Scary movies this year have ranged from high-profile reboots to independent breakouts to ambitious microbudgeters, and they all have one thing in common: Cinematography was crucial to their assorted horrific flavors.
Once again, MovieMaker reached out to the artists behind the camera to pick their brains on the techniques and tools that fueled their films’ chilling visuals.
Aaron Moorhead and Justin Benson on The Endless
The Approach: Dusty naturalism
How They Did It: For the dusty part: During exterior days, we used tons of artificial dust in the air; our poor production designer was covered in it and probably now has asthma. When possible, we’d backlight it so the particulate matter would be more apparent. For interiors, we hazed the rooms both daytime and nighttime—never strong enough to create shafts of light, but enough to diffuse all our sources and make a separation of contrast between foreground and background.
For the naturalism part: a lot of handheld camera, shooting mostly wide. The closest coverage was medium close-up, except for a couple of key shots. Interiors were almost always shot with a soft tungsten light, exterior days were warm-to-natural, and exterior nights were silver/white with occasional tungsten. The warmth of the camp was always tungsten, and the unknown of the desert/forest was always HMI (Hydrargyrum medium-arc iodide) light balanced to white. The opening of the film, where the brothers are living this crap lifestyle, was heavily desaturated and slightly tinted blue. We kept the grade of the whole film very low-contrast.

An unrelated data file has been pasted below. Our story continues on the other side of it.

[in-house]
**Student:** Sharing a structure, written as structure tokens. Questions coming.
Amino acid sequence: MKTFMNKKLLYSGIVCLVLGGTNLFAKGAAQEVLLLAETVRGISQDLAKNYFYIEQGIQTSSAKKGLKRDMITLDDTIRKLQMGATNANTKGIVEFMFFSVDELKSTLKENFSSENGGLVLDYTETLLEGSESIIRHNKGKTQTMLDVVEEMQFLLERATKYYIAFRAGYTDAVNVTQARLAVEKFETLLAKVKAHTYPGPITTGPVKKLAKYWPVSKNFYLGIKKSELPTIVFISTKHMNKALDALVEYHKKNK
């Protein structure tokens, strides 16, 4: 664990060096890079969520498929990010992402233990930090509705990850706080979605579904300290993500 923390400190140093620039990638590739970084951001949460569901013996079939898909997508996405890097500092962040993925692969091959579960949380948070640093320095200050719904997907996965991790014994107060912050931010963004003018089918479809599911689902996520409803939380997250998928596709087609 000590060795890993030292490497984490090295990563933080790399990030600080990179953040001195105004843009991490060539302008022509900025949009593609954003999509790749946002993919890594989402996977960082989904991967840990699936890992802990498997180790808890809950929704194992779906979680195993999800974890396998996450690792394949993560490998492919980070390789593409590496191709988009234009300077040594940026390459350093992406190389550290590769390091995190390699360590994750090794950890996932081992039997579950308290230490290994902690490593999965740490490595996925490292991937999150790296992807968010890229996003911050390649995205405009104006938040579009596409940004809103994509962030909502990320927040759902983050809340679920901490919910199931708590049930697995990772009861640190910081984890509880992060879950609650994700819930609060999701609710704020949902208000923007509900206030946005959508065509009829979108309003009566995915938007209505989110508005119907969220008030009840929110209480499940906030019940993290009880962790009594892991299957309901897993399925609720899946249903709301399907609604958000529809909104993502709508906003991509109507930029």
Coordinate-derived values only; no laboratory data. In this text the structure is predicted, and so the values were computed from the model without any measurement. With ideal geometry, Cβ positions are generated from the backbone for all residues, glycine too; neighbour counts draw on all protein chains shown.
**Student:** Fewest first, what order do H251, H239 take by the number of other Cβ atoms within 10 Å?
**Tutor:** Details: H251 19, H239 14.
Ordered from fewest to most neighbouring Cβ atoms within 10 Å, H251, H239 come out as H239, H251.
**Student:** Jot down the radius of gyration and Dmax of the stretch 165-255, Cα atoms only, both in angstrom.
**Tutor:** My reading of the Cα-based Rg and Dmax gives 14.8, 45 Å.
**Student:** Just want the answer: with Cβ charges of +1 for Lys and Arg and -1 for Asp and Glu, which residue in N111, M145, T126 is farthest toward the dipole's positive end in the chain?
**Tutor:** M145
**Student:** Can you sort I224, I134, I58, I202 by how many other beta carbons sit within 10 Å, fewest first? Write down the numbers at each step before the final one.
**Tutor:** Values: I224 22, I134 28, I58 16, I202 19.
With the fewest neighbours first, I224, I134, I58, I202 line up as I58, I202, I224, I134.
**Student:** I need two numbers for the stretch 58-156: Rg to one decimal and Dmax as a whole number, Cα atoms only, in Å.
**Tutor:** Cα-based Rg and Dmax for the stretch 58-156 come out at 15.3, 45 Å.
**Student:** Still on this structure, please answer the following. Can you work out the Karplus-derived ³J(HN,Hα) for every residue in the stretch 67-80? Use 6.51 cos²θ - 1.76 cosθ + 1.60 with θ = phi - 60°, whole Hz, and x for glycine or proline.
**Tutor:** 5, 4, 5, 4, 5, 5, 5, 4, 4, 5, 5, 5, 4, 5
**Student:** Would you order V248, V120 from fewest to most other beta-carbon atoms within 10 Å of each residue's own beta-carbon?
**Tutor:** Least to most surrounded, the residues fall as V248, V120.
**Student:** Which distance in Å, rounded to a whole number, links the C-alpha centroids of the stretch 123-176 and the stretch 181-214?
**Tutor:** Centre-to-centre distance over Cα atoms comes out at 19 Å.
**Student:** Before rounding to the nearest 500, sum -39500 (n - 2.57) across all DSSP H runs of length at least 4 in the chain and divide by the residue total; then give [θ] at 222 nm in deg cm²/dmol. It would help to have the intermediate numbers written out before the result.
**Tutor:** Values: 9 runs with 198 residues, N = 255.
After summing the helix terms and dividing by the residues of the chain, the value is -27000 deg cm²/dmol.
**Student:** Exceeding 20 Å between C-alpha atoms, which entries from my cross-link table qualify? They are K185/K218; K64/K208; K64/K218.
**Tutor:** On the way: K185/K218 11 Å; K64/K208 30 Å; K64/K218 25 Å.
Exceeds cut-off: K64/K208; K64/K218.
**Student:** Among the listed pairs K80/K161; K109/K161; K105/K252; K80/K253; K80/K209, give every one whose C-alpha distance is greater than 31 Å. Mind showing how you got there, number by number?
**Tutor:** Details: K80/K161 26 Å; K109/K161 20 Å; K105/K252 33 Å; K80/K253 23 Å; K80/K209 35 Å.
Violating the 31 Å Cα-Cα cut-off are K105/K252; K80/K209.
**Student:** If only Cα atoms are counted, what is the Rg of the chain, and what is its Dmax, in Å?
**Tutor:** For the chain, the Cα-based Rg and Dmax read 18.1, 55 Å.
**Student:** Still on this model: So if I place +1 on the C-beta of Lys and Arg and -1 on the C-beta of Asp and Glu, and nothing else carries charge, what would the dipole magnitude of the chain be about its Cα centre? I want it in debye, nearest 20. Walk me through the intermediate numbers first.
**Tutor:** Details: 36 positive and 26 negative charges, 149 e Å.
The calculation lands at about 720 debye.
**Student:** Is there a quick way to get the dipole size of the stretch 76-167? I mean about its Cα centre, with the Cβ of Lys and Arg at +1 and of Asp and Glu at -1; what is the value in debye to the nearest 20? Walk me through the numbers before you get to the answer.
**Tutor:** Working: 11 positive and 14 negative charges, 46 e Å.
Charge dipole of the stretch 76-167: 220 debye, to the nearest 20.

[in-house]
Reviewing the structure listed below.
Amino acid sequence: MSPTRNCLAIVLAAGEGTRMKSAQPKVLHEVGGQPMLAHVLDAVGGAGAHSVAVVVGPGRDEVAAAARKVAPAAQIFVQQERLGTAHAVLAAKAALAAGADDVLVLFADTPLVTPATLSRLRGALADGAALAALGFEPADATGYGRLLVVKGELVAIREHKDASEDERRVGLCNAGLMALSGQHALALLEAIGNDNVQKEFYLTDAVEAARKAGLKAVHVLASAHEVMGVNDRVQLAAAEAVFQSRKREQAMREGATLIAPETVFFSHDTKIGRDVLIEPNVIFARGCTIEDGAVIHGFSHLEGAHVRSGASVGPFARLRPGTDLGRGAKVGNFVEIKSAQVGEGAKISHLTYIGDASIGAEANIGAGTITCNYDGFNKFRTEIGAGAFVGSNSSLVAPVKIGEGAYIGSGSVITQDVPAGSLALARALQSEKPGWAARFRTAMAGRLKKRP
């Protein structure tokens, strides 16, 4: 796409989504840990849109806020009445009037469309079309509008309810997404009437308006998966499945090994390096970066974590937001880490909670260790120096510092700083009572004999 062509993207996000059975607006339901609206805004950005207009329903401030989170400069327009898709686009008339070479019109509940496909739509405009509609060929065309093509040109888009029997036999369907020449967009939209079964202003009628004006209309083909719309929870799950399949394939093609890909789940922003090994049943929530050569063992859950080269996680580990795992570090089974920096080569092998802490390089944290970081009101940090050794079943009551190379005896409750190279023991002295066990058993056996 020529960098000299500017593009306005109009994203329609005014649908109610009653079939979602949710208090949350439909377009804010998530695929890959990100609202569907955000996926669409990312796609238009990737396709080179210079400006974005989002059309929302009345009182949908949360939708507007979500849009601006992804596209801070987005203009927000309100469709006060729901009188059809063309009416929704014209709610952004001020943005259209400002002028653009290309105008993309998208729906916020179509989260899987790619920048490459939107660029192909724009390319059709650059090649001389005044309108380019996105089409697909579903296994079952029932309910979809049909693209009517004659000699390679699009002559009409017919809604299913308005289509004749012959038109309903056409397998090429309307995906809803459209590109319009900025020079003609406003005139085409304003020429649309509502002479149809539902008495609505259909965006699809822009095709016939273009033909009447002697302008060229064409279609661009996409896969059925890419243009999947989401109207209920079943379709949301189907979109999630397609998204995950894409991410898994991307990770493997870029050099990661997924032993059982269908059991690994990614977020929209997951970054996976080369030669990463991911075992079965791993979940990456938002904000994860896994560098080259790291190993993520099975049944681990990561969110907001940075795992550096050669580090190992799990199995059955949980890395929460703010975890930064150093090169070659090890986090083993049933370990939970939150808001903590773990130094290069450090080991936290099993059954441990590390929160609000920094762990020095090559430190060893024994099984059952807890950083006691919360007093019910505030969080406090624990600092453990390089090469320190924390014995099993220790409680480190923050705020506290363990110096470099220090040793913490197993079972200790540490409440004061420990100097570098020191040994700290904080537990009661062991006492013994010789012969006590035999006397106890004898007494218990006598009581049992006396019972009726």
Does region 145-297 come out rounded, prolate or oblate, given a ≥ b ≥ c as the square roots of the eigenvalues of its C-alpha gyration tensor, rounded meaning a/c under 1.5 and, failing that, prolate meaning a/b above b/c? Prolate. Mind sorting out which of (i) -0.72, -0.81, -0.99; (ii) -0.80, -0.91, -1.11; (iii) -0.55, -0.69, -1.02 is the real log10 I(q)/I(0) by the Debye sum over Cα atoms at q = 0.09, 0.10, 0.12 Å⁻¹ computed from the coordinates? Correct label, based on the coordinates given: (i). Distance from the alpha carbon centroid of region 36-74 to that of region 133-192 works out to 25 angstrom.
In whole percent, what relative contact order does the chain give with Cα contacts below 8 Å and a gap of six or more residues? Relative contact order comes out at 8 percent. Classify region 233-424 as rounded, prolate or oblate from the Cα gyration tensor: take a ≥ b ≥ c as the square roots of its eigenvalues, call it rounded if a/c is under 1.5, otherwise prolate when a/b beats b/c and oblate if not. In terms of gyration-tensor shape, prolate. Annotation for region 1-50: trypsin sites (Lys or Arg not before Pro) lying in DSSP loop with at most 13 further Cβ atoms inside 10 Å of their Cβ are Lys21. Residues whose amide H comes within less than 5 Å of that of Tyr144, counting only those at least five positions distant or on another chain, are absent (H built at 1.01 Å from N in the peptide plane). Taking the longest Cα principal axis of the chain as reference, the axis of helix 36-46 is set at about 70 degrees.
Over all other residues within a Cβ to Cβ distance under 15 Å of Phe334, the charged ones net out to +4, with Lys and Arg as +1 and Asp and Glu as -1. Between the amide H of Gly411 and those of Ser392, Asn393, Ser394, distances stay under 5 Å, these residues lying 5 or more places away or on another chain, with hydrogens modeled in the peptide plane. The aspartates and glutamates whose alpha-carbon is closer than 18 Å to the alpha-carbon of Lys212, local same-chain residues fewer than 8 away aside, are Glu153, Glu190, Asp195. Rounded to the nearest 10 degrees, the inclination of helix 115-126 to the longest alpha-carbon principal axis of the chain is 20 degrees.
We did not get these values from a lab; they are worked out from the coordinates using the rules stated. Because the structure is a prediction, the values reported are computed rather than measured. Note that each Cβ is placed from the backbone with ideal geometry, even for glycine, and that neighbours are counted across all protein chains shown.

The Takeaway: All three of our microbudget features, including Resolution and Spring, have had the same lesson: Passion shared by a group of experienced collaborators, and innovation with story rather than leaning on homage, often yield a better movie despite budget limitations.
Shooting days: 17
Camera: RED Epic Dragon
Lenses: Kowa Anamorphic primes (40-100), Angénieux 25-250mm with anamorphic adaptor
Lighting: HMIs up to 4K, tungstens up to Junior 2K
Picture post/DI: DaVinci Resolve in 4K, mastered to 2K DCI